Data Carpentry -for- Ecologists

ECOL 8030, 1 Credits, Spring 2017


Michelle Evans

Email (best way to contact me):

Phone: 7037259580

Times & Location

Mondays, 3:35-4:25, Ecology Building, Room 12


The syllabus and other relevant class information and resources will be posted at Changes to the schedule will be posted to this site so please try to check it periodically for updates.

Course Communications


Please sign-up on the class e-mail list.

Also sign-up to bring snacks. We need two people for each day.

Required Texts

There is no required text book for this class.

Course Description

Computers are increasingly essential to the study of all aspects of biology. Data management skills are needed for entering data without errors, storing it in a usable way, and extracting key aspects of the data for analysis. Basic programming is required for everything from accessing and managing data, to statistical analysis, to modeling. This course will provide an introduction to data management, manipulation, and analysis, with an emphasis on biological problems. Class will typically consist of short introductions or question & answer sessions, followed by hands on computing exercises. The course will be taught using R and SQLite, but the concepts learned will easily apply to all programming languages and database management systems. No background in programming of databases is required.

Prerequisite Knowledge and Skills

Knowledge of basic biology.

Course Objectives

The field of ecology is becoming increasingly quantitative and statistically driven; therefore, there is a need for researchers in the field to be trained in these skills. The objective of this course is to provide training in computer programming and R fundamentals, to enable students to pursue more complex and specific analyses needed to conduct research in the field of ecology today.

Students completing this course will be able to (adapted from White 2016):

Teaching Philosophy

This class is taught using a flipped, learner-centered, approach, because learning to program and work with data requires actively working on computers. Flipped classes work well for all kinds of content, but I think they work particularly well for computer oriented classes. If you’re interested in knowing more take a look at this great info-graphic.

Course Content and Format

This course is based on a flipped-classroom style course produced by Ethan White ( Each week will cover a different fundamental of computer programming, building upon knowledge gained in prior weeks. While much of the syllabus is planned out, the last month is flexible and the class will decide to include or exclude topics based on demonstrated needs and interests. Students will conduct background readings outside of class, while class will mainly consist of brief lectures followed by working on exercises, with the help of their peers. In this way, students not only learn the material, but how to collaborate and learn with others, important soft skills in the sciences. Guest instructors familiar with the material will also attend the class so as to have multiple instructors who can actively engage with students and collaborate on problem solving and trouble shooting.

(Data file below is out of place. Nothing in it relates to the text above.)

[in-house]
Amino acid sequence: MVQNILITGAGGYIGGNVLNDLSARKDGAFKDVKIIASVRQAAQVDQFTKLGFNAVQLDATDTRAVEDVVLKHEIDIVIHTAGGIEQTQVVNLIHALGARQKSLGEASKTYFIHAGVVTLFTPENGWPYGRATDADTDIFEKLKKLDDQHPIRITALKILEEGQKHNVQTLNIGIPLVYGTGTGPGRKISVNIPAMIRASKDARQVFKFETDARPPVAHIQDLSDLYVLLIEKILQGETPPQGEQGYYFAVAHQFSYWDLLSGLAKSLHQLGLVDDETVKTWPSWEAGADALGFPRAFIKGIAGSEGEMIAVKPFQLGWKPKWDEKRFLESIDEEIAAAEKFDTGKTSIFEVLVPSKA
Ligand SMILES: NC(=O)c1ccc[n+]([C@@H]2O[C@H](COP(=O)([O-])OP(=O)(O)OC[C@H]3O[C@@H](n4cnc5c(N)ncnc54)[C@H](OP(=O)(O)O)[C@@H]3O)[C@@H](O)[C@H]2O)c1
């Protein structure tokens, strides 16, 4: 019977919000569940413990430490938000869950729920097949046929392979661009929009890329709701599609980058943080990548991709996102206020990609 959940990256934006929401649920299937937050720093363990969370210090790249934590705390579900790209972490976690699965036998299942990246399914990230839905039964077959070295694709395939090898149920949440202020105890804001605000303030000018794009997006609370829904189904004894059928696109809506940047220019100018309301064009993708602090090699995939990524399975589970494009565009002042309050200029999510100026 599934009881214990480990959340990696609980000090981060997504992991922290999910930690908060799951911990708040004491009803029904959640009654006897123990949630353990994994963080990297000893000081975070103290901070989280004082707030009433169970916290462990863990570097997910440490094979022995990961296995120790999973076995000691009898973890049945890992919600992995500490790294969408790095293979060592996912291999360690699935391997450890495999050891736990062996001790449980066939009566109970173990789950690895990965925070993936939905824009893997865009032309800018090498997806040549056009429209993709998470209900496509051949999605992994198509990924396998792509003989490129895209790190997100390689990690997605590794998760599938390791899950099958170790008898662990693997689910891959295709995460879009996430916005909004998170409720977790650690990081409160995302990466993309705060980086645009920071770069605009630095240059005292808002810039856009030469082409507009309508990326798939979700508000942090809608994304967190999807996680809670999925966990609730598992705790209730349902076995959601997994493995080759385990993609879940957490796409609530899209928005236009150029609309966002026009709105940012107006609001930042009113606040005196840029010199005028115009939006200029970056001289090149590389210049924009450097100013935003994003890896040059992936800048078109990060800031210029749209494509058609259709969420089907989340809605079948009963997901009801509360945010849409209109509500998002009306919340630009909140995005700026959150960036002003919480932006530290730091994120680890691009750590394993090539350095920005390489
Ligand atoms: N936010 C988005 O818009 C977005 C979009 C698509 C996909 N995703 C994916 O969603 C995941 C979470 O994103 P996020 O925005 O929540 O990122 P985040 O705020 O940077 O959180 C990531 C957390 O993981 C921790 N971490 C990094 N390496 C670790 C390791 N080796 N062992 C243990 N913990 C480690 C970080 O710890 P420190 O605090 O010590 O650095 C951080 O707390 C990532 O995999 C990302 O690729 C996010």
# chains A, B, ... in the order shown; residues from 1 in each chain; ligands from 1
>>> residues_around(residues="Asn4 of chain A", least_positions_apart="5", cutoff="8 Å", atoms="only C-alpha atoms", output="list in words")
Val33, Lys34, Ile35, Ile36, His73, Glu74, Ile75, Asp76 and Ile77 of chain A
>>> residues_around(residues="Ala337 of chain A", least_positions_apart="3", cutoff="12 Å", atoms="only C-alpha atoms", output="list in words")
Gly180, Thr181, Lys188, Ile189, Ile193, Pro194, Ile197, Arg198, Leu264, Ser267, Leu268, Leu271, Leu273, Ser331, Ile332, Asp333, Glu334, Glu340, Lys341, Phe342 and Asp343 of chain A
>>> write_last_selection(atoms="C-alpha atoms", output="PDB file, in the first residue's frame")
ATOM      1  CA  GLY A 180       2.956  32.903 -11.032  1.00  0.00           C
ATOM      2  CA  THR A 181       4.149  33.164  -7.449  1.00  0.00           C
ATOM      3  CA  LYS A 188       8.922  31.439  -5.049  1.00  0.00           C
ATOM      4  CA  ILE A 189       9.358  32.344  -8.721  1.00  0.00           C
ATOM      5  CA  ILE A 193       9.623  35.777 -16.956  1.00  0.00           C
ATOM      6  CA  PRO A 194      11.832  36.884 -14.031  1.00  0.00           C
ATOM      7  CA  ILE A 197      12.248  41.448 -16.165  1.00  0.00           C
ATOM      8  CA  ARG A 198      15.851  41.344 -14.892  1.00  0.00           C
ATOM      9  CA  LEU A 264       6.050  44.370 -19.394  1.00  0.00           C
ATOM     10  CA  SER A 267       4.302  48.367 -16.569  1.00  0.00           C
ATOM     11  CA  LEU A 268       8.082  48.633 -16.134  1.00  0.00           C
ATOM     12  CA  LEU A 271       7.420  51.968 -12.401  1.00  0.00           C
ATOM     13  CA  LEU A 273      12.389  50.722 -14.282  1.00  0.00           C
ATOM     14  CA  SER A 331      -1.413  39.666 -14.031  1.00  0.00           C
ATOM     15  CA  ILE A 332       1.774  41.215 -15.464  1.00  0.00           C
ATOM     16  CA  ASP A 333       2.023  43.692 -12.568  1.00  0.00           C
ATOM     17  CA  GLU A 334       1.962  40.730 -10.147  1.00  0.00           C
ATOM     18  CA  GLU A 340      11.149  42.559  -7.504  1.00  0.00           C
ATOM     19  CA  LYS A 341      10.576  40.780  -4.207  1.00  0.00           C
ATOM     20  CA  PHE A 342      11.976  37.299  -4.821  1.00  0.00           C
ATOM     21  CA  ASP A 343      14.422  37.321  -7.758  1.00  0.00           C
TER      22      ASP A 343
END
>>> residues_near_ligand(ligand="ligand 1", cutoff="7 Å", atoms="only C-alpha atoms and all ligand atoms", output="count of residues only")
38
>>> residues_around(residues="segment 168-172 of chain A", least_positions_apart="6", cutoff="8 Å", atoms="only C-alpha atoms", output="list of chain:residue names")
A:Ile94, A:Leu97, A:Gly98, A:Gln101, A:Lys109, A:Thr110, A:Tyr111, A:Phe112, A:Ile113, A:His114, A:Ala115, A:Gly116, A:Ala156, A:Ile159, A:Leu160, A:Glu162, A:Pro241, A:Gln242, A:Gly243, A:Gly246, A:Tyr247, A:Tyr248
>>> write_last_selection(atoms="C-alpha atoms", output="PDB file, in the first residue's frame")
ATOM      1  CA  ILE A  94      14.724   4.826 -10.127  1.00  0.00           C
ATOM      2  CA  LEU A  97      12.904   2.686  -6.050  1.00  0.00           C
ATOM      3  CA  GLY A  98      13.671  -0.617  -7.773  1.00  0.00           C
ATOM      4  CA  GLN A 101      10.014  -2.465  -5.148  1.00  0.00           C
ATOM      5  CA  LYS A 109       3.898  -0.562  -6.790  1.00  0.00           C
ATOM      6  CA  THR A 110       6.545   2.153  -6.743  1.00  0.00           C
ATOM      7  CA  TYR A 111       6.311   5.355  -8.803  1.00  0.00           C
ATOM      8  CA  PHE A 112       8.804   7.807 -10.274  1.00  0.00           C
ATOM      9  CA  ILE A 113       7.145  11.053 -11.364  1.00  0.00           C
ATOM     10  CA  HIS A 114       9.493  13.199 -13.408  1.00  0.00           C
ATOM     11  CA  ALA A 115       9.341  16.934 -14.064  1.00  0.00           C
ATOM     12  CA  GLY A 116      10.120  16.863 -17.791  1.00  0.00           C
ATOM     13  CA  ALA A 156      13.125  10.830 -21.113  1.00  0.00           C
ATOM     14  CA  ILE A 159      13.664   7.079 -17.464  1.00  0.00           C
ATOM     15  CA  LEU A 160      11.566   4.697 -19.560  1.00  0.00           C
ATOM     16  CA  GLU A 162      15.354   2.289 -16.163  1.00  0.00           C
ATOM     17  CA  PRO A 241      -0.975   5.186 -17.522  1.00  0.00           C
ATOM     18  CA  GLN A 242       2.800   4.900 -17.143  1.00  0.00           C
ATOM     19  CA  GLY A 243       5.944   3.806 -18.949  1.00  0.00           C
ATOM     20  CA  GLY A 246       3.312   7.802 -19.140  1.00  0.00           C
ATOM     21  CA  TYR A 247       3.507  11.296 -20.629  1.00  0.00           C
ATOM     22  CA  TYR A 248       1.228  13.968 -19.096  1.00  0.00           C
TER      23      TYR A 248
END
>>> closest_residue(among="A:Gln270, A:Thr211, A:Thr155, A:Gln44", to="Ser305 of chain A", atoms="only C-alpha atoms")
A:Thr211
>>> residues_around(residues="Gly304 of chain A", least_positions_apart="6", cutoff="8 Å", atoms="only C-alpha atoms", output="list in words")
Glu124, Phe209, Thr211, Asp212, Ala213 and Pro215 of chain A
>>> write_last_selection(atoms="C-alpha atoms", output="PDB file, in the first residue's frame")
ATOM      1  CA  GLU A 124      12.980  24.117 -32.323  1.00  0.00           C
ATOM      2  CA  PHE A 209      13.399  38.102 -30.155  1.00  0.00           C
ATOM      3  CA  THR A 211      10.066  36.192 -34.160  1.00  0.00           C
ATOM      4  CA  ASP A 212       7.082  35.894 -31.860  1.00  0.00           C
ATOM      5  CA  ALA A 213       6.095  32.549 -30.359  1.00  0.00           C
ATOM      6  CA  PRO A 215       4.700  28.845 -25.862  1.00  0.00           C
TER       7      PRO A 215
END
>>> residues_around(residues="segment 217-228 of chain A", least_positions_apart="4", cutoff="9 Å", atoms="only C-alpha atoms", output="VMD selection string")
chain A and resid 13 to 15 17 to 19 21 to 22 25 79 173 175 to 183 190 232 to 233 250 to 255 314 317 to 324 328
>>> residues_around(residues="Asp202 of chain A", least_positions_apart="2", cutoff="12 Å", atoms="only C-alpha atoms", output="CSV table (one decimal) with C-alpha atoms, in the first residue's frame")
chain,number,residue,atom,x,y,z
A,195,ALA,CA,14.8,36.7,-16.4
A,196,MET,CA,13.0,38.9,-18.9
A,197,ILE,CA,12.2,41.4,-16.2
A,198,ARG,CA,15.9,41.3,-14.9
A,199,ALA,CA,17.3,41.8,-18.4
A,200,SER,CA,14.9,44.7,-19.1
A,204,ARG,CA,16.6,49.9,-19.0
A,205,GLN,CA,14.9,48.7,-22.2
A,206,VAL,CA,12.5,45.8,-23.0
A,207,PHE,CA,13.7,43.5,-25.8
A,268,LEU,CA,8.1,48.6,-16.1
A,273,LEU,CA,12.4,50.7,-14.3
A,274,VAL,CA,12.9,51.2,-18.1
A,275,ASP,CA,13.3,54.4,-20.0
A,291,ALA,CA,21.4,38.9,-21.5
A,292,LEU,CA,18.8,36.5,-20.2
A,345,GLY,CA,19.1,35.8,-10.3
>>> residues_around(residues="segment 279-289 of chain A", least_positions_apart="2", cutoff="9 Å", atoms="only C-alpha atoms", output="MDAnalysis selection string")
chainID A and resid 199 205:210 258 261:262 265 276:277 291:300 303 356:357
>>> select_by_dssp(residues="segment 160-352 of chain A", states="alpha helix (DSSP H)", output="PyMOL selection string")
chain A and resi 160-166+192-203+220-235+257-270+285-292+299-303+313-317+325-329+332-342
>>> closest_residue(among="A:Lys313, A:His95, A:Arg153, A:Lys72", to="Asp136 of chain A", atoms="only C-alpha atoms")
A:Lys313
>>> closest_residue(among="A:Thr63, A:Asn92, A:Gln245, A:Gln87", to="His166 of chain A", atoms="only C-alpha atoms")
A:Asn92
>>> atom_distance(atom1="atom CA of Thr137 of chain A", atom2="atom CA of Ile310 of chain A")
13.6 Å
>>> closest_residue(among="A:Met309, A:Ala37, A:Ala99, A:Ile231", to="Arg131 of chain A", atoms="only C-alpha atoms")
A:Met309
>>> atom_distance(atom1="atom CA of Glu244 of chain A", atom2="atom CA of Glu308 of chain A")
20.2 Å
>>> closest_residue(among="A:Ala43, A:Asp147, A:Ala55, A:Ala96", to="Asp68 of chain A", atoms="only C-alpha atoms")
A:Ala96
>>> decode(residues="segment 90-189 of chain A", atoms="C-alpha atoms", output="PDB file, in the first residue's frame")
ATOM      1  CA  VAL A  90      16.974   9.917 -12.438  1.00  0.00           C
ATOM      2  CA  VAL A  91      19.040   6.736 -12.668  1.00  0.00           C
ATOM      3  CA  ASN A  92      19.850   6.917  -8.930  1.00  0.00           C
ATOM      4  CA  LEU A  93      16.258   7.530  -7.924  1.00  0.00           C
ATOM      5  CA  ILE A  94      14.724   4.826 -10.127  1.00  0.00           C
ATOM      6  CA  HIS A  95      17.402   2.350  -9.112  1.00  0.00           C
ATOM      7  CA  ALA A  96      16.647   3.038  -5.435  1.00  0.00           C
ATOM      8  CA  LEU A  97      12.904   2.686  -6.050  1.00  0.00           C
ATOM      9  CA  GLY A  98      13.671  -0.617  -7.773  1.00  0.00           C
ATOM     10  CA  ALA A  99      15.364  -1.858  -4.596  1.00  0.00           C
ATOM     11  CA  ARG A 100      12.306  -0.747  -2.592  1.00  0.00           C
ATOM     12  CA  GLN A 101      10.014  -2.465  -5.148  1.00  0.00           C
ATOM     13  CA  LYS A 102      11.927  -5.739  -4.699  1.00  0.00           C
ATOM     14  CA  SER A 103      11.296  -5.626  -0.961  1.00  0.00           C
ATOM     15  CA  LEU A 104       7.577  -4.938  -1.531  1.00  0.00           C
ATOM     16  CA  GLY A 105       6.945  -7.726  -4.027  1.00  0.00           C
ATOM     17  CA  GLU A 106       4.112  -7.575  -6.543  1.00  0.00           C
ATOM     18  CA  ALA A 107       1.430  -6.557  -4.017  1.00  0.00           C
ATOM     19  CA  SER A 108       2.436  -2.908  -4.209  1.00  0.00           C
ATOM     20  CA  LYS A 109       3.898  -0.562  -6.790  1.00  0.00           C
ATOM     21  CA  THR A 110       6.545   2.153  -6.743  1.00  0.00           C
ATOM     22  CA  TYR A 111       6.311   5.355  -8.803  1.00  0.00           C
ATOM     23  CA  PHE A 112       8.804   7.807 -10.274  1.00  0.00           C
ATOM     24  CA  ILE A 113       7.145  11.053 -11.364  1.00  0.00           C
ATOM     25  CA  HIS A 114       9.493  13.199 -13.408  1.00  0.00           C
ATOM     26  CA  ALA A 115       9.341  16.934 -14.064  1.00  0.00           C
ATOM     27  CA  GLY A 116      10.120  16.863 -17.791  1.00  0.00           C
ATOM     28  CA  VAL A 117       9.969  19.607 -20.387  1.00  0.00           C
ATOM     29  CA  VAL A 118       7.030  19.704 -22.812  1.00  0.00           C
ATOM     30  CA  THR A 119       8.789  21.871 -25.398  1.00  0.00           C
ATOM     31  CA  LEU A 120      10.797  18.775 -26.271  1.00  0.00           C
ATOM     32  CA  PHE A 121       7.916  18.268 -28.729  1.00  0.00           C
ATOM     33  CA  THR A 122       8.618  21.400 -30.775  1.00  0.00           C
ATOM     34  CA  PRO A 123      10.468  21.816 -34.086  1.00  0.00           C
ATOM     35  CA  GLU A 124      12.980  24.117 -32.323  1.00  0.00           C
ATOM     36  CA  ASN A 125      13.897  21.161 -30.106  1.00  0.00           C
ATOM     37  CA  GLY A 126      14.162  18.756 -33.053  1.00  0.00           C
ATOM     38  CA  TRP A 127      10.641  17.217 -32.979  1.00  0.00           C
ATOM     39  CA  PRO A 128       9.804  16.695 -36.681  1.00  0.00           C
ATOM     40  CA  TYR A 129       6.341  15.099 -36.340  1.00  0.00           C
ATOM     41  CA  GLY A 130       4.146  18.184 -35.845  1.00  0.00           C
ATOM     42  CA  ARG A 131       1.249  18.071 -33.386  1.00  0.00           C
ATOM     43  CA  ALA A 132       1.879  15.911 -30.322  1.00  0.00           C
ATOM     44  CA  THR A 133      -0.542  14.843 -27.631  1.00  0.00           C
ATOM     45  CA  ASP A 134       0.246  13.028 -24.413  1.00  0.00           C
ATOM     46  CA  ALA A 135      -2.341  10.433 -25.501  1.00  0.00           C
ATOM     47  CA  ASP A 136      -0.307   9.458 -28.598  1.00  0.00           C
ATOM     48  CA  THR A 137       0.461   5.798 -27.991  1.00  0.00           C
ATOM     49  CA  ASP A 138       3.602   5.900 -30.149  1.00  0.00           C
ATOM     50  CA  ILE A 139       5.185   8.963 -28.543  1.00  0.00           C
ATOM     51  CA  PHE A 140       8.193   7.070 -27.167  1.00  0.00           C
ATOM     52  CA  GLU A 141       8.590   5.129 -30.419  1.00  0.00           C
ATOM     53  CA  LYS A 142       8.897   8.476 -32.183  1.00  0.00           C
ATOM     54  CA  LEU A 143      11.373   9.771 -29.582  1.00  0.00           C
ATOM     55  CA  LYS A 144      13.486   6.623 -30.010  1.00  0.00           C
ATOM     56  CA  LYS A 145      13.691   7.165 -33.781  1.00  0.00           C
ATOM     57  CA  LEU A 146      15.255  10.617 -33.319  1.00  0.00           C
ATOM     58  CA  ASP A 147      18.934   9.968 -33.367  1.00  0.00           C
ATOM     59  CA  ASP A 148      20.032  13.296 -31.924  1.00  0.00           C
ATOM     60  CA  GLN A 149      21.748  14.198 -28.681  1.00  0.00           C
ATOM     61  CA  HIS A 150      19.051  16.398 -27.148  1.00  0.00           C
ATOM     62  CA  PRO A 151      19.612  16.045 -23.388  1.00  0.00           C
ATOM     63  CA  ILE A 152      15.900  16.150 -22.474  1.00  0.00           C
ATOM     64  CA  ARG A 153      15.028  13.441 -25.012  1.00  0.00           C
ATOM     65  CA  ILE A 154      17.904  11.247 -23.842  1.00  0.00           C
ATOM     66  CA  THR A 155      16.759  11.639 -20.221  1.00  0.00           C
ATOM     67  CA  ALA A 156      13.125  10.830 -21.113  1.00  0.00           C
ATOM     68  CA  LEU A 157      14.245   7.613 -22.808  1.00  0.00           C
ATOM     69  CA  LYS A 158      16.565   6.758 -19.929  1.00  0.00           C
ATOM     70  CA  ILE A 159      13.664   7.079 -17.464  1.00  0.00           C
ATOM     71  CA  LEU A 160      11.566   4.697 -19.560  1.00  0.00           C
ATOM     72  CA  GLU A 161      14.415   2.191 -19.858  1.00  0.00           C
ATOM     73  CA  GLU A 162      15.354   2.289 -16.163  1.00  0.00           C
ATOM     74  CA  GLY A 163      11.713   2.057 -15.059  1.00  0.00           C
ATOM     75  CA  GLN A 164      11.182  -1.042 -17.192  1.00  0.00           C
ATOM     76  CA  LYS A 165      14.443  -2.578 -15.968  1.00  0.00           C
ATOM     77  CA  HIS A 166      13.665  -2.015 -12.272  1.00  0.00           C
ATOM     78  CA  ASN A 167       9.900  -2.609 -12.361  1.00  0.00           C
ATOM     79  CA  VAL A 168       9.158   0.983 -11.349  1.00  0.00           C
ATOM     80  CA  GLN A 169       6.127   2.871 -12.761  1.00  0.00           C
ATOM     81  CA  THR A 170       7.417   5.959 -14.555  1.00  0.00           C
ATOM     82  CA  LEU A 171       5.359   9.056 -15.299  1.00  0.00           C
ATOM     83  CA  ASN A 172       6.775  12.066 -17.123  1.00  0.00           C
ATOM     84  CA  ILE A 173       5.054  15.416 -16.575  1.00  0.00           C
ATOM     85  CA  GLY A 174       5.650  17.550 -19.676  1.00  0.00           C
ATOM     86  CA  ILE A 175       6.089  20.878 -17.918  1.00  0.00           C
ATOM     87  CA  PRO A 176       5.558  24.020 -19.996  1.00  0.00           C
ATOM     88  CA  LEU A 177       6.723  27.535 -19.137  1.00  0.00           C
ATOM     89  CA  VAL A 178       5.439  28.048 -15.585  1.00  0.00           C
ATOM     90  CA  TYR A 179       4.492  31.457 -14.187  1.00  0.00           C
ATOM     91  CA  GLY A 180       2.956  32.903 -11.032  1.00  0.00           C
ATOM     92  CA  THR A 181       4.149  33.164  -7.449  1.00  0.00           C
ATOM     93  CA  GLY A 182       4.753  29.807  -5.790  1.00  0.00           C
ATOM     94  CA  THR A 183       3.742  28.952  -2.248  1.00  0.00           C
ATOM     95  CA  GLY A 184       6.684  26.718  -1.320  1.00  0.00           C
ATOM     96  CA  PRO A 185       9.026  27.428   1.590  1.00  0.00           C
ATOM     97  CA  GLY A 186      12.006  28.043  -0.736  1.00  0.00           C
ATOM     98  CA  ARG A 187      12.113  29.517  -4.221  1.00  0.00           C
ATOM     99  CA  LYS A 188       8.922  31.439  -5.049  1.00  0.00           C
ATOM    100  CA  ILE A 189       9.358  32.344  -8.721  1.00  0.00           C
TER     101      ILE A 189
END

Course Policies

Attendance Policy

Attendance will not be taken or factor into the grades for this class. However, experience suggests that students who regularly miss class struggle to learn the material.

Course Technology

Students are required to provide their own laptops and to install free and open source software on those laptops (see Setup for installation instructions). Support will be provided by the instructor in the installation of required software. If you don’t have access to a laptop please contact the instructor and they will do their best to provide you with one.

University of Georgia Policy on Academic Misconduct

As a University of Georgia student, you have agreed to abide by the University’s academic honesty policy, “A Culture of Honesty,” and the Student Honor Code. All academic work must meet the standards described in “A Culture of Honesty” found at: Lack of knowledge of the academic honesty policy is not a reasonable explanation for a violation. Questions related to course assignments and the academic honesty policy should be directed to the instructor.

Netiquette and Communication Courtesy

All members of the class are expected to follow rules of common courtesy in all email messages, threaded discussions and chats.

Grading Policies

Enrolled students will be graded as S/U based on their attendance and participation as a peer-learner (both actively learning and helping others). a. Enrolled students cannot have more than 2 unexcused absences. This will limit enrollment to students who can fully commit to participating in the class.

Course evaluation: Enrolled students will provide feedback to Michelle about the effectiveness of the course in meeting its objectives and what should be changed for future course content or formats. This will occur at the half-way point of the course as well as at the end of the course.

Course Schedule

This course is designed to be flexible to meet the needs of the students. Therefore, the schedule will be designed on the first day based on demonstrated needs.

The details course schedule is available on the course website at:

Disclaimer: The course syllabus is a general plan for the course; deviations announced to the class by the instructor may be necessary.